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Up to 50 per cent of people who suffer a traumatic brain injury (TBI) go on to develop some form of depression in the 10 years following the injury.

Image of several brain scans with a hand using a pen to point to one of them © Shutterstock

A group of researchers including the University of Oxford's Dr Vanessa Raymont, have launched a study to investigate whether a mild anti-depressant called sertraline could reduce the incidence of post traumatic brain injury depression (PTD).

Up to 50 per cent of people who suffer a traumatic brain injury (TBI) go on to develop some form of depression in the 10 years following the injury, impairing their physical and mental recovery and quality of life. People with depression following a traumatic brain injury tend to die earlier than the rest of the population and are more likely to commit suicide.

The study, known as STOP-D will recruit patients from nine Major Trauma Centres in England, broadly representing the socioeconomic, geographical and ethnic diversity in TBI, and randomly assign them to receive either sertraline or a placebo for 12 months.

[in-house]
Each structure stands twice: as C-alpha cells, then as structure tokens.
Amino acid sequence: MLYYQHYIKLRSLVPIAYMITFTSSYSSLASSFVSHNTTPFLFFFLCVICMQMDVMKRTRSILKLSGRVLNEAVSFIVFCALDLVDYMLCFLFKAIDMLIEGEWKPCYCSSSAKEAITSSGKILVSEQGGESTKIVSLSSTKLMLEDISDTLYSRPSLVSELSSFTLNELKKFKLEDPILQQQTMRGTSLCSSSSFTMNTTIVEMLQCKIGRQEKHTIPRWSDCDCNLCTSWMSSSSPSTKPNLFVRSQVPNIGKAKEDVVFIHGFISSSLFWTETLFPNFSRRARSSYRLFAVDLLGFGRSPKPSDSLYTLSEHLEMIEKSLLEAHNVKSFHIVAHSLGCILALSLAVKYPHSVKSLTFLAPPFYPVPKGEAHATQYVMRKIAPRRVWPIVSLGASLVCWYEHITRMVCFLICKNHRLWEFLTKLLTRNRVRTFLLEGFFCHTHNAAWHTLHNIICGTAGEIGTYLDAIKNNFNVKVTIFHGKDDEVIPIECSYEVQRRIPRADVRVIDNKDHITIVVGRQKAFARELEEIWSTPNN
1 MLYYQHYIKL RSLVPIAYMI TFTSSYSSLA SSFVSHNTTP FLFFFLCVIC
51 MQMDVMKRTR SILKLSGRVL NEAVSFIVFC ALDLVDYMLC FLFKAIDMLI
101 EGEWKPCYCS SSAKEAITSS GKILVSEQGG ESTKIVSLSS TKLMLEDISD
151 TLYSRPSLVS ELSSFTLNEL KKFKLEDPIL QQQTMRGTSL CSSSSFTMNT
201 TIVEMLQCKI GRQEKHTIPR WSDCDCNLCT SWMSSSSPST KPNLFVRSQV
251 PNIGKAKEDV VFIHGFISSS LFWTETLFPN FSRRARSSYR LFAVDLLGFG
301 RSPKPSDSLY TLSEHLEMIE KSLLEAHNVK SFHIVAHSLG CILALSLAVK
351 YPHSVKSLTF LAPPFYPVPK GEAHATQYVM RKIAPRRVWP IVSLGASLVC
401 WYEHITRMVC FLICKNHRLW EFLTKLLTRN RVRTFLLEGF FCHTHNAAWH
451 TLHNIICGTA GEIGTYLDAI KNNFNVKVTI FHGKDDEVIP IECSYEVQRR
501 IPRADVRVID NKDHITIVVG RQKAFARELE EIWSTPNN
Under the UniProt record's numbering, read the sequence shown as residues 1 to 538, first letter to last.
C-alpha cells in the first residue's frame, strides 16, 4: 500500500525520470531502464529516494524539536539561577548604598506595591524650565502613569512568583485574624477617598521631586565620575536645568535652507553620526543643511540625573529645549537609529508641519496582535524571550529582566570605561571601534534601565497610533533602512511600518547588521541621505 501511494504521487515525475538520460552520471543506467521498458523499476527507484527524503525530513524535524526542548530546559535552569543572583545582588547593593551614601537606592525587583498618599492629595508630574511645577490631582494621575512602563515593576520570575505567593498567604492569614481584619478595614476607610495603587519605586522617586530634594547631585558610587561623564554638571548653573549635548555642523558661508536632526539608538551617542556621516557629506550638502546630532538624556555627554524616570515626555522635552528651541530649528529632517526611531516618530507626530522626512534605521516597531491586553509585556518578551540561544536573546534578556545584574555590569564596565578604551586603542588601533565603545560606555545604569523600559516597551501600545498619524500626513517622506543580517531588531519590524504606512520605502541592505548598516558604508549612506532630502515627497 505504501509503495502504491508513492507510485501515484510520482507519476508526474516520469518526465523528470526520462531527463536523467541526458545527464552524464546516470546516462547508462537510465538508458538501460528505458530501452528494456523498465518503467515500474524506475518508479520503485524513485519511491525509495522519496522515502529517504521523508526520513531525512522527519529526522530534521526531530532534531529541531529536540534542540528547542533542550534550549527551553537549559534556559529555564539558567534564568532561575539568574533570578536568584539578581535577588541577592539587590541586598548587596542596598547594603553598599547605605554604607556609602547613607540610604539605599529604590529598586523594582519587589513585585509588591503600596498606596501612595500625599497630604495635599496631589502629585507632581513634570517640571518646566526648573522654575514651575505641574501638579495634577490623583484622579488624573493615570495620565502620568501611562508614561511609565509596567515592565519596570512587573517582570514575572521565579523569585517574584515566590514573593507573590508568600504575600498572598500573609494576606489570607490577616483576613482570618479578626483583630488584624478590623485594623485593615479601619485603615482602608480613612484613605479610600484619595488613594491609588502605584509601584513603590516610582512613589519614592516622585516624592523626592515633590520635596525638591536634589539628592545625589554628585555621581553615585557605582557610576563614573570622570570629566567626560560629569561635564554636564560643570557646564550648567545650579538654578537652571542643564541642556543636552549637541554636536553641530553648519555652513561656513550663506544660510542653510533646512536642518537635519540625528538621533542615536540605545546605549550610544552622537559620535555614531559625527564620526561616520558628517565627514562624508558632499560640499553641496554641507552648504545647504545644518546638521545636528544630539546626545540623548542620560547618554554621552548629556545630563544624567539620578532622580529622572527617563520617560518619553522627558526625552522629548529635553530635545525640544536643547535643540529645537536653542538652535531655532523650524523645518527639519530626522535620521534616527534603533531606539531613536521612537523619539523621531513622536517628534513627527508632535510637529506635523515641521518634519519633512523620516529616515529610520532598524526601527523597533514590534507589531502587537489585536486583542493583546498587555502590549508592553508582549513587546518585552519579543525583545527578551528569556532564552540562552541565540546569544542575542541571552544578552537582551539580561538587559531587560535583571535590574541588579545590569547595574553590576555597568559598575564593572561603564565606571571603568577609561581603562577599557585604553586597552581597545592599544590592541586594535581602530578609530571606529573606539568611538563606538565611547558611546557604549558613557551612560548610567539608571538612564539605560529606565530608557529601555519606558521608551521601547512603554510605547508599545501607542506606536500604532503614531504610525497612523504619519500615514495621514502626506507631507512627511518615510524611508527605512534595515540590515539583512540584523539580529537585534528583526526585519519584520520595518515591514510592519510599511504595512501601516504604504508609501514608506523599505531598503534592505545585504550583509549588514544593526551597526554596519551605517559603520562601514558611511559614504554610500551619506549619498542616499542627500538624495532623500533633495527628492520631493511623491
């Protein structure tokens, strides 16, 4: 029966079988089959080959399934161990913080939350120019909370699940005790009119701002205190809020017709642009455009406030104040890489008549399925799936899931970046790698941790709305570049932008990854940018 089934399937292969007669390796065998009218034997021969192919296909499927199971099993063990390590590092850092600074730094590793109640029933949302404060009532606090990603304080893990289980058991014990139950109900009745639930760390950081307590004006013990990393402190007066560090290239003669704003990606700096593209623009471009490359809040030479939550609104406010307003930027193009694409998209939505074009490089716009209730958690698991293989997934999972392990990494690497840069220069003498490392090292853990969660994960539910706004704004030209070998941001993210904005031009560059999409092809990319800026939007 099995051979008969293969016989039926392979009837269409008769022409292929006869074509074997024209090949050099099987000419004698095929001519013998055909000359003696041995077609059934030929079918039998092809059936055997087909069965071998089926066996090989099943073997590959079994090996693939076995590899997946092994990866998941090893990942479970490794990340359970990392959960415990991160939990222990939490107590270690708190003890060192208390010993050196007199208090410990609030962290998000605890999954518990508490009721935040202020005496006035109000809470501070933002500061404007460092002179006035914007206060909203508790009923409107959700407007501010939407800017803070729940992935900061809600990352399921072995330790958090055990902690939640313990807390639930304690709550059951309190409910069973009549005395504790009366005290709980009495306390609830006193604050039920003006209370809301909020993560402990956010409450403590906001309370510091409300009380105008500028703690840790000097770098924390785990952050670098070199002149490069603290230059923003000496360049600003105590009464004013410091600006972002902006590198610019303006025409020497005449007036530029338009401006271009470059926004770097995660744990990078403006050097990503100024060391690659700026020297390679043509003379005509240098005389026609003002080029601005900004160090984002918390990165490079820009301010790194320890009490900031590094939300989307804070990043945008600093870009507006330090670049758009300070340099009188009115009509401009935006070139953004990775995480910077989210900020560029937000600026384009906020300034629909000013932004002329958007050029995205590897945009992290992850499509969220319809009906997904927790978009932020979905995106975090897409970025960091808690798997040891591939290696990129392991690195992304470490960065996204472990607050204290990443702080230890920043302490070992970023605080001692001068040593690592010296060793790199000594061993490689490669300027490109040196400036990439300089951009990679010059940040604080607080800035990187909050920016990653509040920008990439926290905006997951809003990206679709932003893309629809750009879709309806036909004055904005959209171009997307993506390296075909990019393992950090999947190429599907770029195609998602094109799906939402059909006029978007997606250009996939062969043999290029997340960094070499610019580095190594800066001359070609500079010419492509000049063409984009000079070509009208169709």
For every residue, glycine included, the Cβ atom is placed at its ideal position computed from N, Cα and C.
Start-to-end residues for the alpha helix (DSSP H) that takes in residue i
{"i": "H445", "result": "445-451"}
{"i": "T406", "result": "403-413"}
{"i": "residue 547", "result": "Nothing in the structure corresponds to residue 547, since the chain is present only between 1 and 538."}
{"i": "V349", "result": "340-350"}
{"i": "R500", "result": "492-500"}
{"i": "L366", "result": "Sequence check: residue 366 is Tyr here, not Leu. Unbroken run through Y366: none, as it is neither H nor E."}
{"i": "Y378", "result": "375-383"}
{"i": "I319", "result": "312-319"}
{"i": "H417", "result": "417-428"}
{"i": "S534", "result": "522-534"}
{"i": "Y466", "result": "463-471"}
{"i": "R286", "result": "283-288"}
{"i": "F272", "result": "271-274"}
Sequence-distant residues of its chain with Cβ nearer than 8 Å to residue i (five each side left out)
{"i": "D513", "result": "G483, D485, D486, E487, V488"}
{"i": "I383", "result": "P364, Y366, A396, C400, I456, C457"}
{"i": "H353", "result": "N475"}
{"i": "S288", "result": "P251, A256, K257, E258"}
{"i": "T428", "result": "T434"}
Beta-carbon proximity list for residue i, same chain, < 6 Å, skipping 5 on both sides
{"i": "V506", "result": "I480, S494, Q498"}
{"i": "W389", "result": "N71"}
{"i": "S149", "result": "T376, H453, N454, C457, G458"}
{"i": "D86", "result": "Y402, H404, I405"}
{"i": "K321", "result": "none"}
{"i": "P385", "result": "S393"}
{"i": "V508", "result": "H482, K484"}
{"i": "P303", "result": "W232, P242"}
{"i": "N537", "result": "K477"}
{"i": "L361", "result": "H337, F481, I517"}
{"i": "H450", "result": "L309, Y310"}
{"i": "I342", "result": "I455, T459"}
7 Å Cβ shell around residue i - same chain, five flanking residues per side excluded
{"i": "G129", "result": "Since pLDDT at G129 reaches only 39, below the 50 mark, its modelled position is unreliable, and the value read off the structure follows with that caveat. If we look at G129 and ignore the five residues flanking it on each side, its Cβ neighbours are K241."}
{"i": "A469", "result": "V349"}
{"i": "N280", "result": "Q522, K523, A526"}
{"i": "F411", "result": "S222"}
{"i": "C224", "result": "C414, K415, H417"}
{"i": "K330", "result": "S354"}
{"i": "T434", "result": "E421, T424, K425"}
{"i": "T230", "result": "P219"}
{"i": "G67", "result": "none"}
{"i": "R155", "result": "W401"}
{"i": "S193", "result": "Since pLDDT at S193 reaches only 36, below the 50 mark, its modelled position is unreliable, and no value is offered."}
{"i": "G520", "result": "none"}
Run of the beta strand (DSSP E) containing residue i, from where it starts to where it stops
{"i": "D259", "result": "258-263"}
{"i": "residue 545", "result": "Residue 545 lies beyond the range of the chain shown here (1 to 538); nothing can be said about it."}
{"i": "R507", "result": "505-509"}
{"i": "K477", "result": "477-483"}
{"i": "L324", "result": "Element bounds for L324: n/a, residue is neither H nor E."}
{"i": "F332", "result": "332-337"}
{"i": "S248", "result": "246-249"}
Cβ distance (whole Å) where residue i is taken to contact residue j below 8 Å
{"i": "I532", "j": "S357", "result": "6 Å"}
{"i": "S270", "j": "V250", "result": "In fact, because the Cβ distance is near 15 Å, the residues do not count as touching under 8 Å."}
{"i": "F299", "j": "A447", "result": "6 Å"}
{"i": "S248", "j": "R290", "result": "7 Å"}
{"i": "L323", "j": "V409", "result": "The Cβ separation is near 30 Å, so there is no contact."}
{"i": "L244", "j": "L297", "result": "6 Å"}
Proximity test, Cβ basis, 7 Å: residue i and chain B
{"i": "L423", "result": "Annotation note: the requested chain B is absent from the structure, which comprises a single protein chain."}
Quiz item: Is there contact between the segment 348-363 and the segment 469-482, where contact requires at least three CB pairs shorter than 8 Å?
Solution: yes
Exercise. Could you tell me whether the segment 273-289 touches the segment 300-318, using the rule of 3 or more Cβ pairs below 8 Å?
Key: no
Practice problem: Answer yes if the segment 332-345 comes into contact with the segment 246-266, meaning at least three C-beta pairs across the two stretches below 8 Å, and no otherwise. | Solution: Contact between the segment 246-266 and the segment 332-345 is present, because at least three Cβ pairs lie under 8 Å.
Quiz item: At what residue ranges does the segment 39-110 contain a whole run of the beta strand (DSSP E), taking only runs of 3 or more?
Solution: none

STOP-D will measure the effects of sertraline on depression and quality of life, as well as the impact on stress levels for carers at 6 weeks and 3,6, 9 and 12 months after receiving the first dose.

The study could have significant benefits for patients with a head injury and their carers by providing evidence for a cost-effective and safe intervention to prevent depression and improve outcomes. The study will link the research data with the participants' GP and hospital records to monitor their long-term health.

STOP-D is taking place at Oxford University Hospitals in collaboration with King's College London.

Co-Chief Investigator on the study, Dr Vanessa Raymont, who is Senior Clinical Researcher in the Department of Psychiatry, said:


Given that the risk of developing depression for those patients with TBI is so great, this study is a crucial step in supporting those patients to receive the best possible outcome for their long-term recovery and wellbeing. The risk of PTD emerging so soon after a TBI suggests that initiation of an anti-depressant within a few weeks of the TBI could significantly reduce the incidence of PTD. Our findings will inform whether, and how to integrate the screening and management for depression in TBI patients within major trauma centres nationally.”

Dr Vanessa Raymont will be discussing STOP-D in a radio interview on BBC Radio Oxford on Friday, April 5th.

Read a BBC News article about the study